I left home to become a Buddhist monk when I was fourteen. I became discouraged before even a year was out. My head had been shaved smooth, I wore a black robe, but I hadn’t seen any sign of the Dharma’s marvelous working. I happened to hear that The Lotus Sutra was the king of all the scriptures the Buddha had preached. It was supposed to contain the essential meaning of all the buddhas. I hot hold of a copy and read it through. But when I had finished, I closed it with a heavy sigh. “This,” I told myself, “is nothing but a collection of simple tales about cause and effect. True, mention is made of there being ‘only one absolute vehicle,’ and of ‘the changeless, unconditioned tranquillity of all dharmas.’ But on the whole it is what Lin-chi dismissed as ‘mere verbal prescriptions for relieving the world’s ills.’ I’m not going to find what I’m looking for here.”

I was deeply disillusioned. I didn’t get over it for quite some time. Meanwhile, I lived as the priest of a small temple. I reached forty, the age when one is not supposed to be bothered any longer by doubts. One night, I decided to take another look at The Lotus Sutra. I got out my only lamp, turned up the wick, and began to read it once again. I read as far as the third chapter, the one on parables. Then, just like that, all the lingering doubts and uncertainties vanished from my mind. They suddenly ceased to exist. The reason for the Lotus’s reputation as the “king of sutras” was now revealed to me with blinding clarity. Teardrops began cascading down my face like two strings of beads—they came like beans pouring from a ruptured sack. A loud involuntary cry burst from the depths of my being and I began sobbing uncontrollably. And as I did, I knew without any doubt that what I had realized in all those satoris I had experienced, what I had grasped in my understanding of those koans I had passed—had all been totally mistaken. I was finally able to penetrate the source of the free, enlightened activity that permeated Shoju’s daily life. I also knew beyond doubt that the tongue in the World-honored One’s mouth moved with complete and unrestricted freedom. I realized I richly deserved a good thirty hard blows of the staff, just like Lin-chi!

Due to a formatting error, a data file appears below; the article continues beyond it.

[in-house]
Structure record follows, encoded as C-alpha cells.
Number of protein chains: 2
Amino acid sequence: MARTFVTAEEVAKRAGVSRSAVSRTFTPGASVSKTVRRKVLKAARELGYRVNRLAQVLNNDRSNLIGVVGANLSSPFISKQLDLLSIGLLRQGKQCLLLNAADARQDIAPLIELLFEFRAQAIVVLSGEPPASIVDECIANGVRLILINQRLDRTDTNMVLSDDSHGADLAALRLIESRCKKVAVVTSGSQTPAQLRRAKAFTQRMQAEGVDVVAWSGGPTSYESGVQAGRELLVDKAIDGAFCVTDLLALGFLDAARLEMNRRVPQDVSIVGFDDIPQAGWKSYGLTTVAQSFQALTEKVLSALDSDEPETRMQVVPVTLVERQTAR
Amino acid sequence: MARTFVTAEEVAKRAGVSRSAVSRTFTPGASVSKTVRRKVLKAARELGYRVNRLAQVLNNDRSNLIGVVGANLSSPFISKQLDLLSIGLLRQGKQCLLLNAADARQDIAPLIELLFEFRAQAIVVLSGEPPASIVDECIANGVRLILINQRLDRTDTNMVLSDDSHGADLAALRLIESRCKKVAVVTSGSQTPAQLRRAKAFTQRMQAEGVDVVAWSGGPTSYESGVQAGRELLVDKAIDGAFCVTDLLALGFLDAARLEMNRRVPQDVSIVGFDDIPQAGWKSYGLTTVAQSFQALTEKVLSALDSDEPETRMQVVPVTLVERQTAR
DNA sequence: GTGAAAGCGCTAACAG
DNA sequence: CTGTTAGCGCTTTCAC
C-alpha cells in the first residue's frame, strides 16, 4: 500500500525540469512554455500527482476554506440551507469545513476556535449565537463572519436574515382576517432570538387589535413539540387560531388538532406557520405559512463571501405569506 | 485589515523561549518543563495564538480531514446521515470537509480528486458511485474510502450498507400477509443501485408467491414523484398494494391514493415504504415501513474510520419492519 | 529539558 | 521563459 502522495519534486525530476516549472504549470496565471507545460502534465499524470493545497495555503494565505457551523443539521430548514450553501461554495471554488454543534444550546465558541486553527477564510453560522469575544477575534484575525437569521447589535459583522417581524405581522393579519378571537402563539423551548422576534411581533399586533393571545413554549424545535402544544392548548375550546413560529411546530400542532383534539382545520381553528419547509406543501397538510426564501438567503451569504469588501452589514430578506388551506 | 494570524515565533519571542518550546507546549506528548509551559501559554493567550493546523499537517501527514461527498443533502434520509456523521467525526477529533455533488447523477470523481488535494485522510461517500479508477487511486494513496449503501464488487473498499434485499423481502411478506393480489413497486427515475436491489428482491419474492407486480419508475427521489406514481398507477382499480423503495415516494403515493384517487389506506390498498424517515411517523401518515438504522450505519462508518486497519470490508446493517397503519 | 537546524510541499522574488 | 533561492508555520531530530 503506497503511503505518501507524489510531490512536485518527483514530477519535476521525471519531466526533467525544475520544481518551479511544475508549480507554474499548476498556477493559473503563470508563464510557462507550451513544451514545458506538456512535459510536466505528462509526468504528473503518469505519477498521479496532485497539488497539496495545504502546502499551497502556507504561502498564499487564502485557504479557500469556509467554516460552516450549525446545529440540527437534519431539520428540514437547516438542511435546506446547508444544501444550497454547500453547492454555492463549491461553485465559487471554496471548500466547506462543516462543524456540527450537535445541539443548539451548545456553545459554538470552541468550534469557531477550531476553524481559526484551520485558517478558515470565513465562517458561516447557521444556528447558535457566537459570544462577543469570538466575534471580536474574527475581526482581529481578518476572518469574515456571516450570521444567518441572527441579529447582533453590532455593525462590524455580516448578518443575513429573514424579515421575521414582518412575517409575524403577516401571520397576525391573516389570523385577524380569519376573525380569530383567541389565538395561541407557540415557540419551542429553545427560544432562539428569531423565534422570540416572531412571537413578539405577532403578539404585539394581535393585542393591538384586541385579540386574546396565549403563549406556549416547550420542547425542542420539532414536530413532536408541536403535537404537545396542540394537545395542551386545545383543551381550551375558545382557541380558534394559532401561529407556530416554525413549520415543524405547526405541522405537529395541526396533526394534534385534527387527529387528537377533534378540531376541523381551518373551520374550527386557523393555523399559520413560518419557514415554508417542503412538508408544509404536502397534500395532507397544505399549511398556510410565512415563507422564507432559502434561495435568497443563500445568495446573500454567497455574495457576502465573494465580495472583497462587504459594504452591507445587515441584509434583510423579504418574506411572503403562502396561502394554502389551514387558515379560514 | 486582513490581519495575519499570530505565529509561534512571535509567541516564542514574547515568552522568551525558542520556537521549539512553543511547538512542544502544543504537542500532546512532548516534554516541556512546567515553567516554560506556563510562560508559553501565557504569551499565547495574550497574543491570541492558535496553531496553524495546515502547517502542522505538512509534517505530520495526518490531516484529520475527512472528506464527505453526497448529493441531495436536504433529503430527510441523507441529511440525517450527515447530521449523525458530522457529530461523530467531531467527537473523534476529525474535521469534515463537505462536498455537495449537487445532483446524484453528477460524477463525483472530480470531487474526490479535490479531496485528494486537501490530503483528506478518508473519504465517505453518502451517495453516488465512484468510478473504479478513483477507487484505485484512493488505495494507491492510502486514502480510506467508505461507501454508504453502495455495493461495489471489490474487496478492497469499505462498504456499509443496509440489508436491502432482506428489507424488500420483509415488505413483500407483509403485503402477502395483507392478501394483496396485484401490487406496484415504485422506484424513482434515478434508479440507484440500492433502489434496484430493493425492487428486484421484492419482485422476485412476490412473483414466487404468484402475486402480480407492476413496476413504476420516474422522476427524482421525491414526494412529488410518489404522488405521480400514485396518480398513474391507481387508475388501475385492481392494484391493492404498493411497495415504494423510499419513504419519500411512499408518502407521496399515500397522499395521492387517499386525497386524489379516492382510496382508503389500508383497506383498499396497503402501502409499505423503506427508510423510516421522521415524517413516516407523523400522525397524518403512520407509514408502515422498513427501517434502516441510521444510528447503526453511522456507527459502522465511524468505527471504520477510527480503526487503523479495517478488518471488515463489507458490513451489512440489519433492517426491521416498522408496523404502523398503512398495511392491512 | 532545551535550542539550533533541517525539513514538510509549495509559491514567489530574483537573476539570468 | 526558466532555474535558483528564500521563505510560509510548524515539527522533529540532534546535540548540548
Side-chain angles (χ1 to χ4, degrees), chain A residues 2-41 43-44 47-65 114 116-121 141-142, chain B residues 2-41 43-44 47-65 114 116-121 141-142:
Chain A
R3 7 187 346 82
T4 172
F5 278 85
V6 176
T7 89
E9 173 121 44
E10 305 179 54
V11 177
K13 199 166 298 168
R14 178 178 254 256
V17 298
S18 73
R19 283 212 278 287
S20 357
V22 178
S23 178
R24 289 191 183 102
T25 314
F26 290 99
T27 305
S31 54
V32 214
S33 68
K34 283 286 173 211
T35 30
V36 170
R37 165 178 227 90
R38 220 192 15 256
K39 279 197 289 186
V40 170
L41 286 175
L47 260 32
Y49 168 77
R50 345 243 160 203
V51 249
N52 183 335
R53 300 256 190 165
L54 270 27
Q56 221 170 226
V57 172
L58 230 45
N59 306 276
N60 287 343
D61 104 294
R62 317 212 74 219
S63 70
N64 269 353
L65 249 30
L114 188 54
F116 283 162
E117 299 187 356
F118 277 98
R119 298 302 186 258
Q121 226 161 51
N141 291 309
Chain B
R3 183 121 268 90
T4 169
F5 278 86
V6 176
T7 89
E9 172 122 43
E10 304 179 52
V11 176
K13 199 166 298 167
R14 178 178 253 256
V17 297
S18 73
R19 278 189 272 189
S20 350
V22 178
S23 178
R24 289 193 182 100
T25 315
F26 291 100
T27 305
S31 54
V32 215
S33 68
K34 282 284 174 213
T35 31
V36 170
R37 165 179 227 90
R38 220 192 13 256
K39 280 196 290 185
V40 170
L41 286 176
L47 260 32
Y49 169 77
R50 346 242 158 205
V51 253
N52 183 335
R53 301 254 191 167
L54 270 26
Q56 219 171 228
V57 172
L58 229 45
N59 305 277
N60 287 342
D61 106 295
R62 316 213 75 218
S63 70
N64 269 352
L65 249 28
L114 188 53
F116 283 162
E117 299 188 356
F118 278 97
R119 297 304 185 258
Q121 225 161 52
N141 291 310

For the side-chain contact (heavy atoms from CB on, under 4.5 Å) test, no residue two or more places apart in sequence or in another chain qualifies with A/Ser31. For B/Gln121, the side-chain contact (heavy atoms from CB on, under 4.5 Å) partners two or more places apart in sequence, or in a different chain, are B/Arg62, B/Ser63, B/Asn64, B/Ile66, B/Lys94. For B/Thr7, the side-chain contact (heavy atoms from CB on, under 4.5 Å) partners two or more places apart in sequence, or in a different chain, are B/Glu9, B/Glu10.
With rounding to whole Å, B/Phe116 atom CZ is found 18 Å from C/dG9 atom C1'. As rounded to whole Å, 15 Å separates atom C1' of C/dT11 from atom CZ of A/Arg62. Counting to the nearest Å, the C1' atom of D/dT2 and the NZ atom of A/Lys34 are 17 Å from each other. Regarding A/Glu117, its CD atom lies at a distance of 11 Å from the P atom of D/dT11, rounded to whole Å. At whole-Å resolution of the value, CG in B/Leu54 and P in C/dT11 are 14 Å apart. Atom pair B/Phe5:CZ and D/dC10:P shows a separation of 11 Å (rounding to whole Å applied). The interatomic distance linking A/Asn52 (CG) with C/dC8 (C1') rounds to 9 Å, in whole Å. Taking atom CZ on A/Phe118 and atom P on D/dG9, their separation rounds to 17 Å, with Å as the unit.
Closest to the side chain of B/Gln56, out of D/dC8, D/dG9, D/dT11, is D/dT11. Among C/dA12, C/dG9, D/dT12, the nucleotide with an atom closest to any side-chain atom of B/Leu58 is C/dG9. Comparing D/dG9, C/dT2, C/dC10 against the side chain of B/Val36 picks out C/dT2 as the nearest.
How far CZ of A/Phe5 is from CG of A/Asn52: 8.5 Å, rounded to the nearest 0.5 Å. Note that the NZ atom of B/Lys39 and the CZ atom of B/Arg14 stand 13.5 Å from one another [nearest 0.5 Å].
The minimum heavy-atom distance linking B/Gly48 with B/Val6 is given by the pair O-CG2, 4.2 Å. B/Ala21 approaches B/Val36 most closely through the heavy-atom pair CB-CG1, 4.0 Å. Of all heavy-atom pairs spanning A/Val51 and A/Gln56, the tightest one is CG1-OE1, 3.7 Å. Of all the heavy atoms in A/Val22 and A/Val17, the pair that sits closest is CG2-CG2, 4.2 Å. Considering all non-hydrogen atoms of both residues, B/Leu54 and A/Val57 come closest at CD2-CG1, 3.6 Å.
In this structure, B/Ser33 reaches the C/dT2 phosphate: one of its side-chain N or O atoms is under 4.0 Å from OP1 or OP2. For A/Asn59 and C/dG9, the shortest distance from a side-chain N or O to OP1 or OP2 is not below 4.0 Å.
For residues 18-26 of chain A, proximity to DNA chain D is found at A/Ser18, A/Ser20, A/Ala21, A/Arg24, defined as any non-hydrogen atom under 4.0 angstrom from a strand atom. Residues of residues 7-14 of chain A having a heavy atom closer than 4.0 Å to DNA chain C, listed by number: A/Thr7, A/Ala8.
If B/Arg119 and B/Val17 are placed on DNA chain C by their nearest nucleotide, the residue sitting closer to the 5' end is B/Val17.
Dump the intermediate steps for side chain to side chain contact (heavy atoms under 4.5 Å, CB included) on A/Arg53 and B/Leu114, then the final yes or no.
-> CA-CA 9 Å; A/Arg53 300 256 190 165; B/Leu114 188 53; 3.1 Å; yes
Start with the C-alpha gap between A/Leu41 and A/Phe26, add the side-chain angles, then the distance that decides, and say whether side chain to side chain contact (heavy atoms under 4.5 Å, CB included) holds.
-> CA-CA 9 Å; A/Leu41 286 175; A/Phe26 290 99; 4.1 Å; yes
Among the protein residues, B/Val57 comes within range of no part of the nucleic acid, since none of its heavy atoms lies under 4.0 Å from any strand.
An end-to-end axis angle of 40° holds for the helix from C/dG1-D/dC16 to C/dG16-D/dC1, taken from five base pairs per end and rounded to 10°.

Hakuin, The Essential Teachings of Zen Master Hakuin, Norman Waddell 


Q: What are the ‘three methods of training (to be performed) at the same level’ and what is meant by performing them on the same level?

A: They are discipline (vinaya), concentration (dhyana) and wisdom (prajna).”

Q: Please explain them one by one.

A: Discipline involves stainless purity. Concentration involves the stilling of your minds so that you remain wholly unmoved by surrounding phenomena. Wisdom means that your stillness of mind is not disturbed by your giving any thought to that stillness, that your purity is unmarred by your entertaining any thought of purity and that, in the midst of all such pairs of opposites as good and evil, you are able to distinguish between them without being stained by them and, in this way, to reach the state of being perfectly at ease and free of all dependence. Furthermore, if you realize that discipline, concentration and wisdom are all alike in that their substance is intangible and that, hence, they are undivided and therefore one – that is what is meant by three methods of training performed at the same level.
Hui Hai, The Zen Teaching of Instantaneous Awakening, John Blofeld


The seeming paradox of the teacherhood issue… according to… Pai-chang, Lin-chi, Yun-men, and Fo-yen, someone who claims to be a Zen teacher is not. Classics of Buddhism and Zen, 3:3, T. Cleary, p.236 
Author Ted Biringer